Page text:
Glee: Furt

Posted by: Michael Walkey  //  November 29, 2010 @ 8:33am

Filed under: TV Recaps/Reviews 

Glee is one of the most popular shows on TV. Its feverish cult-like fan base is undeniably huge. But let's face it, the audience is predominately female. That's no surprise, as the musical comedy genre has never been very popular with straight males. Most men just don't get it. The expression of emotions through song and dance is just something that men have a hard time identifying with.

Expressing emotions in general perhaps is something that men in North American society have long had trouble with. Being emotionally expressive is unfortunately perceived as a female characteristic. And to all the alpha males out there, showing emotions is showing a side of weakness.

The most common way the alpha male expresses emotion is through violence. Whether it be rugged sports, violent movies and video games, or just plain old bar room brawling, the alpha male seems to need that physical release to express himself.

Bullying. Why do people bully? They were once bullied. They pick on weaker people to make them feel better because they have low self esteem themselves. They really like that person. They have no friends. They don't know how to express themselves.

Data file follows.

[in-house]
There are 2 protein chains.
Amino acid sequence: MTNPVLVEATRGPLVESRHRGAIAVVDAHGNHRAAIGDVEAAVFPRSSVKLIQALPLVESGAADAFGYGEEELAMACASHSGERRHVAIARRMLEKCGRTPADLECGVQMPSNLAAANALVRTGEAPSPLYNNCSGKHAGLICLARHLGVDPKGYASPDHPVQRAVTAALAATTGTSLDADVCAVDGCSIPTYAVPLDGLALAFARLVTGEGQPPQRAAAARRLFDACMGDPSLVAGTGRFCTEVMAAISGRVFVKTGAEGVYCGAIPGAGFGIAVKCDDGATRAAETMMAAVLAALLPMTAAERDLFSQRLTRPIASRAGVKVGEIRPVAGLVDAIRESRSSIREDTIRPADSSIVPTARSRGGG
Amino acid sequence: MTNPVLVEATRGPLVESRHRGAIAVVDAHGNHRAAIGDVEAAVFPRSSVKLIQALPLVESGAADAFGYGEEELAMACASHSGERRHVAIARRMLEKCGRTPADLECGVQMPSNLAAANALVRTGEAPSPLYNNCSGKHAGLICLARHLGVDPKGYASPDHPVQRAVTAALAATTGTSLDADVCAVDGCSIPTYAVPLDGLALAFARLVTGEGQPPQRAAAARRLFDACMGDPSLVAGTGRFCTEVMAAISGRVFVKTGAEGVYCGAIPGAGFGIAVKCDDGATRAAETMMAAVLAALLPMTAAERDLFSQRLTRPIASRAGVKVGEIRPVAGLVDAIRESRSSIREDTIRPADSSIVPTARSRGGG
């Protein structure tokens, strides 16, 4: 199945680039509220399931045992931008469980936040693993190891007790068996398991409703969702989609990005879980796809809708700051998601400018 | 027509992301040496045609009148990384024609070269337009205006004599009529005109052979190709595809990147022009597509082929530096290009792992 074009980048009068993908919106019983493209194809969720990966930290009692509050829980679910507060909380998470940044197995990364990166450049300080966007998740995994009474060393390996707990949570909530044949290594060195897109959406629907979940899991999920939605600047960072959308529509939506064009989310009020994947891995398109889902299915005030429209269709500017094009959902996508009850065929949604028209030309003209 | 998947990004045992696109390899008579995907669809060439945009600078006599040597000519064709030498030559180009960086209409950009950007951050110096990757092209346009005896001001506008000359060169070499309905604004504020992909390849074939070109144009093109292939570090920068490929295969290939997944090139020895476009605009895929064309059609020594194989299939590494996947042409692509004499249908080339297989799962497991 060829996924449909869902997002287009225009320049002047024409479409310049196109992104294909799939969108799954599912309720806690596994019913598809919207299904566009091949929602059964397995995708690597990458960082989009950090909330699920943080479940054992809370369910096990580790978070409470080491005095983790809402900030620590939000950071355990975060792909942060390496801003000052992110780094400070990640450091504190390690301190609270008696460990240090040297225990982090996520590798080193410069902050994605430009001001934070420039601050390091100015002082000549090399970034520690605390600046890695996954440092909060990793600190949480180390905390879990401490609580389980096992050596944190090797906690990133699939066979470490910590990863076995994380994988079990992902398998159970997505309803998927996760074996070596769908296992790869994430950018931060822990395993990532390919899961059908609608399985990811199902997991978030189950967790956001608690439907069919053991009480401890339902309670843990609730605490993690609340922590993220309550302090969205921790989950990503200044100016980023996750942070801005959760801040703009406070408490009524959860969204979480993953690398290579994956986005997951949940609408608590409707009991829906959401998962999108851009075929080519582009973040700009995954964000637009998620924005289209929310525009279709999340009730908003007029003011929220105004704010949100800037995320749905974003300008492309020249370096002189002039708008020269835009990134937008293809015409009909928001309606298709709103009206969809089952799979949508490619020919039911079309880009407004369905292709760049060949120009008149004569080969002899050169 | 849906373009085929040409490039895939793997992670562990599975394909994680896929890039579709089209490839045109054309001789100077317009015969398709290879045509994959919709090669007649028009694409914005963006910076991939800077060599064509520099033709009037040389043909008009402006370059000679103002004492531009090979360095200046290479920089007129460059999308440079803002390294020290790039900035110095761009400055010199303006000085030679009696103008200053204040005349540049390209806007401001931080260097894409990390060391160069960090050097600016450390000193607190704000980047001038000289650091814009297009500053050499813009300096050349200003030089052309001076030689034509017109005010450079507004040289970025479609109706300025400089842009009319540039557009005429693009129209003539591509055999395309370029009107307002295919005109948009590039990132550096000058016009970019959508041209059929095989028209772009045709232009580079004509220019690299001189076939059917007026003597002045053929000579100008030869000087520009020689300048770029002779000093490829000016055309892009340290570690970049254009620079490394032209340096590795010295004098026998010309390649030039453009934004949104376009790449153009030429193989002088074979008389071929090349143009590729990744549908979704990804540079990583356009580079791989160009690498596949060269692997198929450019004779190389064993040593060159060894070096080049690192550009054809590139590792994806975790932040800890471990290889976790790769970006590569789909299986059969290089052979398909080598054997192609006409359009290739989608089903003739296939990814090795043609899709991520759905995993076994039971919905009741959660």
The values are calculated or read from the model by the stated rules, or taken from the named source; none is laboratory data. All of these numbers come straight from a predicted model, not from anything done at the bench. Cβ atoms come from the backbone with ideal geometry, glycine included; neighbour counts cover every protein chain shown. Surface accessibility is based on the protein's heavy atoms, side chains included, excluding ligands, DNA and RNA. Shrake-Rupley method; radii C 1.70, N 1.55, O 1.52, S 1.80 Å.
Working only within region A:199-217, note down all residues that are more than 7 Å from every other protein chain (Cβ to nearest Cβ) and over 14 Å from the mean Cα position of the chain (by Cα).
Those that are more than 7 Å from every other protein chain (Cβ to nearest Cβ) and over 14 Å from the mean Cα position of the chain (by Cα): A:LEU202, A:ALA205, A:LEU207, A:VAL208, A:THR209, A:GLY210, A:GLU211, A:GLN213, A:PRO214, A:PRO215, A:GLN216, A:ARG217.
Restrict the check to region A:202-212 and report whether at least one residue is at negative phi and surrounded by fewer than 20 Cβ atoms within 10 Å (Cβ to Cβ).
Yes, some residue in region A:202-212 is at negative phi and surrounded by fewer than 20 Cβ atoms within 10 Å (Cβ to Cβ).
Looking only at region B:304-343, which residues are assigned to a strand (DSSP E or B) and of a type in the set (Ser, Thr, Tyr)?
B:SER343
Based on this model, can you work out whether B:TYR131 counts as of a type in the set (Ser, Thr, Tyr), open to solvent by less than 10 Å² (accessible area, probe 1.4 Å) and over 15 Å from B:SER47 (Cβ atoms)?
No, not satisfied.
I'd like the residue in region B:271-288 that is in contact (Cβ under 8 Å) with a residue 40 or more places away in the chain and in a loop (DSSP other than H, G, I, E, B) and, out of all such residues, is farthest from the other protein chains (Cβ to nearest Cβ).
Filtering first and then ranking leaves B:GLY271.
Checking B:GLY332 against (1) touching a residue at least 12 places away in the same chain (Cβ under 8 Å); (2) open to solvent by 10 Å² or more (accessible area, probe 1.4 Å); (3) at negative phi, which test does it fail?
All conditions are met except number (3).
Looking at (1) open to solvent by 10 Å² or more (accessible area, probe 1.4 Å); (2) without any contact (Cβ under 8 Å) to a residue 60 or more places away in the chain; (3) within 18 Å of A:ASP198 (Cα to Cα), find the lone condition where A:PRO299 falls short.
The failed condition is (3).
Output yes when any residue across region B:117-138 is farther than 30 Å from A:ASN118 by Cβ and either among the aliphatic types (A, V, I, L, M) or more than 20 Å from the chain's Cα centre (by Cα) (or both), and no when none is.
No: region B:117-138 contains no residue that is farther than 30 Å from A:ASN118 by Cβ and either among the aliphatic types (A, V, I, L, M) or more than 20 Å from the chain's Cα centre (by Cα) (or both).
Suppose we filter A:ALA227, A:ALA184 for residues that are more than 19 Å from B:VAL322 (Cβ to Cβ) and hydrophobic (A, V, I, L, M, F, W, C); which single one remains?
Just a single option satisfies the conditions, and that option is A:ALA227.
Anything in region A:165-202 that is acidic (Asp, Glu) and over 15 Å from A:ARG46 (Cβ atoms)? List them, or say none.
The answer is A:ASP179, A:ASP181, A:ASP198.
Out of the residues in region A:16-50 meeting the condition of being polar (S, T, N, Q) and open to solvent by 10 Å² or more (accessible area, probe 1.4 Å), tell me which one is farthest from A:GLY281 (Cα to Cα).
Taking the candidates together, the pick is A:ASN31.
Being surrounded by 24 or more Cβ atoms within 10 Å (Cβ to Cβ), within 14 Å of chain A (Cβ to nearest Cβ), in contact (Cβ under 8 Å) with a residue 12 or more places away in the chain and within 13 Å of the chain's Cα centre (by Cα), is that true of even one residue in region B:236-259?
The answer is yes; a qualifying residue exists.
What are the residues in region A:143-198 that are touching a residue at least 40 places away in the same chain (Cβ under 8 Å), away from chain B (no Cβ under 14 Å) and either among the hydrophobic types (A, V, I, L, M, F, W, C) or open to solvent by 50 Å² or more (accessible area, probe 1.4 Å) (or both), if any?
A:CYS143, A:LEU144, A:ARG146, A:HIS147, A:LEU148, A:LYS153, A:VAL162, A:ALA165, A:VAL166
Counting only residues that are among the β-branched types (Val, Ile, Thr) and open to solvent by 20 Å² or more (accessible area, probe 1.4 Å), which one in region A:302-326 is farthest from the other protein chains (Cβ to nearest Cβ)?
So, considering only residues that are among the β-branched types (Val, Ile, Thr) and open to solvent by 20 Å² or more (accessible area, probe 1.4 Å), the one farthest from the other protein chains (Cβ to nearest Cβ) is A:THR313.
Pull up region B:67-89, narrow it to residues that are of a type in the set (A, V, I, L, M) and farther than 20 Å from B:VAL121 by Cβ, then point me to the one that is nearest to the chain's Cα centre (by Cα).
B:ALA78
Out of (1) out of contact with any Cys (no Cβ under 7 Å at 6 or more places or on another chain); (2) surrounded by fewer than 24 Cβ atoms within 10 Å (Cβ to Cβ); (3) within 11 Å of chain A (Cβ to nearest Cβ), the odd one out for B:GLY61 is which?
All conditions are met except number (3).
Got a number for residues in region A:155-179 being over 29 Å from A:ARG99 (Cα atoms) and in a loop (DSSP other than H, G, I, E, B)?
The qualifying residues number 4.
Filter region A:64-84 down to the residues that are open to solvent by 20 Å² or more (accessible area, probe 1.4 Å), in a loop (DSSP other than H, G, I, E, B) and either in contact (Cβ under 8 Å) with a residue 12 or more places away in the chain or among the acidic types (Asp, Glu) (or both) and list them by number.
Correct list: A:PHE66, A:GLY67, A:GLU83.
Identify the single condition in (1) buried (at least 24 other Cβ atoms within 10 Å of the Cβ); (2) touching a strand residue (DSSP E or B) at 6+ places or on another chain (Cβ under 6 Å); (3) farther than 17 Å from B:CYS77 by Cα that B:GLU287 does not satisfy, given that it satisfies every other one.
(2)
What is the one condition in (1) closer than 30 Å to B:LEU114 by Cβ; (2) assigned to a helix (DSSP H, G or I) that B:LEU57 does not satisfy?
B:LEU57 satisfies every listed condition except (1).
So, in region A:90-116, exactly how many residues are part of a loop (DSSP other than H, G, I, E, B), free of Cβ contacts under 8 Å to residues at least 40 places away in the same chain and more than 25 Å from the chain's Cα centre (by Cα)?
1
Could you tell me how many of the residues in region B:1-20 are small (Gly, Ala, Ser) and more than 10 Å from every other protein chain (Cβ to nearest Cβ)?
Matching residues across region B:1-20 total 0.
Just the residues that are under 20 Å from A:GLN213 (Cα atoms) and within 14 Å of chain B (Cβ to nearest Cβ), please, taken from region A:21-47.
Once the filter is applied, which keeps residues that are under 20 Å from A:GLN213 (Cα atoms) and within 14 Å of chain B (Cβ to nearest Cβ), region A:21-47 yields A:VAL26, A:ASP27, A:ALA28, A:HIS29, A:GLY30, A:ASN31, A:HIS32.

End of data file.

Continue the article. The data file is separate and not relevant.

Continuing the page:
All possibilities. All could be true. In Karofsky's case, he's bullying Kurt because he sees something in Kurt that he sees in himself and it confuses him. It confuses him and scares him to death. Karaofsky is confused about himself and his own sexuality. In Kurt he sees someone who knows who he is and is proud of it. But instead of asking Kurt for advice, Karofsky takes out his confused anger on him. There is something inside Karofsky that's brewing and he clearly doesn't like it. And the only way he can express it is through violence and aggression. Unfortunately, Kurt is the victim of that aggression.

The bullying finally goes too far as Karofsky threatens to take Kurt's life if he spreads the word that he kissed him. Karofsky first gets expelled by Sue, but the School Board intervenes and rejects the expulsion. Kurt then feels the need to transfer to Dalton Academy to rid himself of the torture he endured. Sue steps down as principal in protest and we learn that Figgins will return to his duties.

The Kurt/ Karofsky storyline has taken some dramatic turns but doesn't seem to be over yet.

The other major storyline of this episode was the wedding of Kurt's father to Finn's mother. And if the producers of Glee were having trouble broadening their audience, they didn't win any more straight male fan with this episode. What could be more "gay" than a Glee wedding? But that was the case as the New Directions gang gave it their all with some elaborate wedding numbers.

And if one wedding was not enough, how about two? As Sue Sylvestre married herself (nobody is man enough for Sue). Jane Lynch, an openly gay actress herself, is perhaps taking a jab at California's Proposition 8 that denies same sex marriages in the state.

So much and I didn't even mention guest star Carol Brunette as Sue's mother!

Until next week.

That's how Mike C's it.

Tags: Glee

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